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Research Domain Criteria

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3 papers 0 to 25 followers
By Abraham Nunes Psychiatry resident interested in computational neuroscience, forensic psychiatry, and neuropsychiatry.
https://www.readbyqxmd.com/read/26424412/conceptualizing-the-neurobiology-of-non-suicidal-self-injury-from-the-perspective-of-the-research-domain-criteria-project
#1
REVIEW
Melinda Westlund Schreiner, Bonnie Klimes-Dougan, Erin D Begnel, Kathryn R Cullen
Non-suicidal self-injury (NSSI) commonly starts in adolescence and is associated with an array of negative outcomes. Neurobiological research investigating NSSI is in its early stages and most studies have examined this behavior within the context of specific diagnoses. However, the Research Domain Criteria (RDoC) initiative encourages researchers to examine brain-behavior relationships across diagnoses. This review on the neurobiology associated with NSSI is organized using the domains proposed by RDoC: Negative Valence, Positive Valence, Cognitive, Social Processes, and Arousal/Regulatory Systems...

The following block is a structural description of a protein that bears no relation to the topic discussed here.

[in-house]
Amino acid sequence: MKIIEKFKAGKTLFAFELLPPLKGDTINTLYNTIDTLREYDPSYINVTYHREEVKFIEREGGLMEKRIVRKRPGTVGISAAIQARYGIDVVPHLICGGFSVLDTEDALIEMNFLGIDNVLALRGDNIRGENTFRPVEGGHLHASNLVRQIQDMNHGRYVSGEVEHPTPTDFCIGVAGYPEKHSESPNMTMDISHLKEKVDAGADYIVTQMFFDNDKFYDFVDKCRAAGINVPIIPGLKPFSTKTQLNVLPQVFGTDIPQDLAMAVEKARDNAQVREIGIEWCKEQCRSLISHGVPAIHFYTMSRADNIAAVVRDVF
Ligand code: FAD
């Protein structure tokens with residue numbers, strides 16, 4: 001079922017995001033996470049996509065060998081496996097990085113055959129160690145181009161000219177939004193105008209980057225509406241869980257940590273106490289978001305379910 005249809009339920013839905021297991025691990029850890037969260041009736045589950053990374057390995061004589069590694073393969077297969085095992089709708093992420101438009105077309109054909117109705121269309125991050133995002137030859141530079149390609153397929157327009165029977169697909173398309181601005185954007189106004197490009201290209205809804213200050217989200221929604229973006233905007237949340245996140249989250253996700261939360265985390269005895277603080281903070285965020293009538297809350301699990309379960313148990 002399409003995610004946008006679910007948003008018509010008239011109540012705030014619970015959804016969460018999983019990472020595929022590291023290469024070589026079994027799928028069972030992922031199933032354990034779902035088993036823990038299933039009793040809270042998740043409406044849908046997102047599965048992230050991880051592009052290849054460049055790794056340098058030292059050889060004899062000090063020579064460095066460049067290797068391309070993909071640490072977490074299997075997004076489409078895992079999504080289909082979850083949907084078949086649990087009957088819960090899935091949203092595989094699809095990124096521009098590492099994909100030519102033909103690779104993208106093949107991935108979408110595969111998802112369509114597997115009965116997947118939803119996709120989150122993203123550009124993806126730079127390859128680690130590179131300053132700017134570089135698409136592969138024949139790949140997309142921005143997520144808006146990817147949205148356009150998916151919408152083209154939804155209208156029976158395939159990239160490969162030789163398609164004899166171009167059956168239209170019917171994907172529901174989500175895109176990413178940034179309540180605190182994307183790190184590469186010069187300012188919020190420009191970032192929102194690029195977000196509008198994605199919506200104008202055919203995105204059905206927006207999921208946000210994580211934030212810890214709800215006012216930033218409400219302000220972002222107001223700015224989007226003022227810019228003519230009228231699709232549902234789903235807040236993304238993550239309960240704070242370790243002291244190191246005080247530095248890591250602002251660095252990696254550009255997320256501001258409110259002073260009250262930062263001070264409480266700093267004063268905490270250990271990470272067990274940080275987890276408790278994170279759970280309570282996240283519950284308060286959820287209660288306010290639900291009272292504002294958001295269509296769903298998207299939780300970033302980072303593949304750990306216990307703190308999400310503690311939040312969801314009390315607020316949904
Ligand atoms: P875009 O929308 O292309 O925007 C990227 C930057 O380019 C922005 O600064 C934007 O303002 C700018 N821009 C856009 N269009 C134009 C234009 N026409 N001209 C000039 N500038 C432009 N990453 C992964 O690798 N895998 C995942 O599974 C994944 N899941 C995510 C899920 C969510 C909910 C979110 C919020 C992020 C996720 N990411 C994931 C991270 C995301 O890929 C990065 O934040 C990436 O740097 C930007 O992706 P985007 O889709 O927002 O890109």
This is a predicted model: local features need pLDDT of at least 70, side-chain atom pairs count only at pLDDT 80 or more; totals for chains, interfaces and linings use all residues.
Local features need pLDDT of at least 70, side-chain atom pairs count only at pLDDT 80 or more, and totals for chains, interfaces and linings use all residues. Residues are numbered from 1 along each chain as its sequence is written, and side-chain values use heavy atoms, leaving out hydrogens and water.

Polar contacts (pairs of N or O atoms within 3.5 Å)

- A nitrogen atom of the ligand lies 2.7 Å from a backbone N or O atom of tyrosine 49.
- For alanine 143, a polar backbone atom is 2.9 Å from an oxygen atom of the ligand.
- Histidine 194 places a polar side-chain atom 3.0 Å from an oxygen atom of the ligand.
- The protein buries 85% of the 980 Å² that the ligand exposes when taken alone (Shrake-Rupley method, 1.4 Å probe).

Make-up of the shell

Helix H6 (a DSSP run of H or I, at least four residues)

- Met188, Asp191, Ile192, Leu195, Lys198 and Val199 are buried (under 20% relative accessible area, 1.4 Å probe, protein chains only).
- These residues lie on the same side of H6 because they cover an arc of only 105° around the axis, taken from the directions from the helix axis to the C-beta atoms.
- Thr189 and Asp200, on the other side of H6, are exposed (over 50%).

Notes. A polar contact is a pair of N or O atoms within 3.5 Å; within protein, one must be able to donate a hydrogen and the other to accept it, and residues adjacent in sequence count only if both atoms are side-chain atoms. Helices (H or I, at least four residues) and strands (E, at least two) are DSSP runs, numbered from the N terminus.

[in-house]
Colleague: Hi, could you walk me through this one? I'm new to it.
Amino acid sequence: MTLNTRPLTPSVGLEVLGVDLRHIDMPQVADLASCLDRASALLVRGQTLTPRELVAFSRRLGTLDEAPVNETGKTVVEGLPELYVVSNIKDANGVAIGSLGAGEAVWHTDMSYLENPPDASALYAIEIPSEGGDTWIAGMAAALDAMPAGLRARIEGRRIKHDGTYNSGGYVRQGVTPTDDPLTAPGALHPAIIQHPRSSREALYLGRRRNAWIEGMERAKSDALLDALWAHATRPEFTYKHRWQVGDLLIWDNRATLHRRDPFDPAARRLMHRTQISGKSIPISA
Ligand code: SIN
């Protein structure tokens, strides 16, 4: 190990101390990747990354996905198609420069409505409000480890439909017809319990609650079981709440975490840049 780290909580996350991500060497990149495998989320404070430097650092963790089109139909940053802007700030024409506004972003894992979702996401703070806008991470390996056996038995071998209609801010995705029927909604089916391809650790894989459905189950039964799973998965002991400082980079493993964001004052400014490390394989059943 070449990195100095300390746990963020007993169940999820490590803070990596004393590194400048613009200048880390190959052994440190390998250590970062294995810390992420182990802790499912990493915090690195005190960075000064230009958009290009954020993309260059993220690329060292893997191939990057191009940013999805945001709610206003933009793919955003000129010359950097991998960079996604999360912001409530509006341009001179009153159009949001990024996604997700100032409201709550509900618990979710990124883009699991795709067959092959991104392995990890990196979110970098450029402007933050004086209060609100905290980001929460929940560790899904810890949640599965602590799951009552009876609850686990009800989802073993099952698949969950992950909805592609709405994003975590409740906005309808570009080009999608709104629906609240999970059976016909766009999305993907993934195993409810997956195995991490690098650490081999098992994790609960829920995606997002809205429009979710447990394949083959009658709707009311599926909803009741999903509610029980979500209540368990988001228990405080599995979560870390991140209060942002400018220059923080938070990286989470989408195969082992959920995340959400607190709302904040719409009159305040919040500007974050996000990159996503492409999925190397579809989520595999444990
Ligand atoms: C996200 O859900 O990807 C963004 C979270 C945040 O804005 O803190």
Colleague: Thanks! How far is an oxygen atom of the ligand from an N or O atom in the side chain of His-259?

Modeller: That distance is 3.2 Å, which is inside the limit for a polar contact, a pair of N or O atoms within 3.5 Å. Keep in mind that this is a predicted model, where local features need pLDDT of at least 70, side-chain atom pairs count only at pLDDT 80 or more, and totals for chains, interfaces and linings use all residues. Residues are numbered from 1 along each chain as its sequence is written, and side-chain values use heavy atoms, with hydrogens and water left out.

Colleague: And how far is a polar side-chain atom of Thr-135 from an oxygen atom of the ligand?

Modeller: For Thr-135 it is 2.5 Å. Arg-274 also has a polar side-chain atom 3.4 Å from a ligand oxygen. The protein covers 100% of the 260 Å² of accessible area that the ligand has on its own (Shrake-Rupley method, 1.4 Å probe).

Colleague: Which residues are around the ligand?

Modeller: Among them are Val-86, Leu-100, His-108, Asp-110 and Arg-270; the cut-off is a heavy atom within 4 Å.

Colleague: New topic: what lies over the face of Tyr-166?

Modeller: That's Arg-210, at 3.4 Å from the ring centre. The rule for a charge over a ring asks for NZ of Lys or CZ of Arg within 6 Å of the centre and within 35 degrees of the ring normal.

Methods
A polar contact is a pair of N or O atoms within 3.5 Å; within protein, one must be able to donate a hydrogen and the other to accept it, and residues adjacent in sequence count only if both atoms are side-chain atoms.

October 2015: Neuroscience and Biobehavioral Reviews
https://www.readbyqxmd.com/read/25773226/application-of-the-research-domain-criteria-rdoc-framework-to-eating-disorders-emerging-concepts-and-research
#2
REVIEW
Jennifer E Wildes, Marsha D Marcus
The Research Domain Criteria (RDoC) project was initiated by the National Institute of Mental Health as a heuristic for addressing the limitations of categorical, symptom-based psychiatric diagnoses. RDoC is conceptualized as a matrix, with the rows representing dimensional constructs or domains implicated in the expression of psychiatric symptoms and the columns representing units of analysis that can be used to assess dimensional constructs (i.e., genes, molecules, cells, circuits, physiology, behavior, and self-reports)...
May 2015: Current Psychiatry Reports
https://www.readbyqxmd.com/read/24135697/dsm-5-and-rdoc-progress-in-psychiatry-research
#3
REVIEW
B J Casey, Nick Craddock, Bruce N Cuthbert, Steven E Hyman, Francis S Lee, Kerry J Ressler
Neuroscience studies into psychiatric disorders generally rely on disease definitions that are based on the influential Diagnostic and Statistical Manual of Mental Disorders (DSM), the fifth edition of which (DSM-5) was released earlier this year. Designed as a purely diagnostic tool, the DSM considers different disorders as distinct entities. However, boundaries between disorders are often not as strict as the DSM suggests. To provide an alternative framework for research into psychiatric disorders, the US National Institute of Mental Health (NIMH) has recently introduced its Research Domain Criteria (RDoC) project...
November 2013: Nature Reviews. Neuroscience
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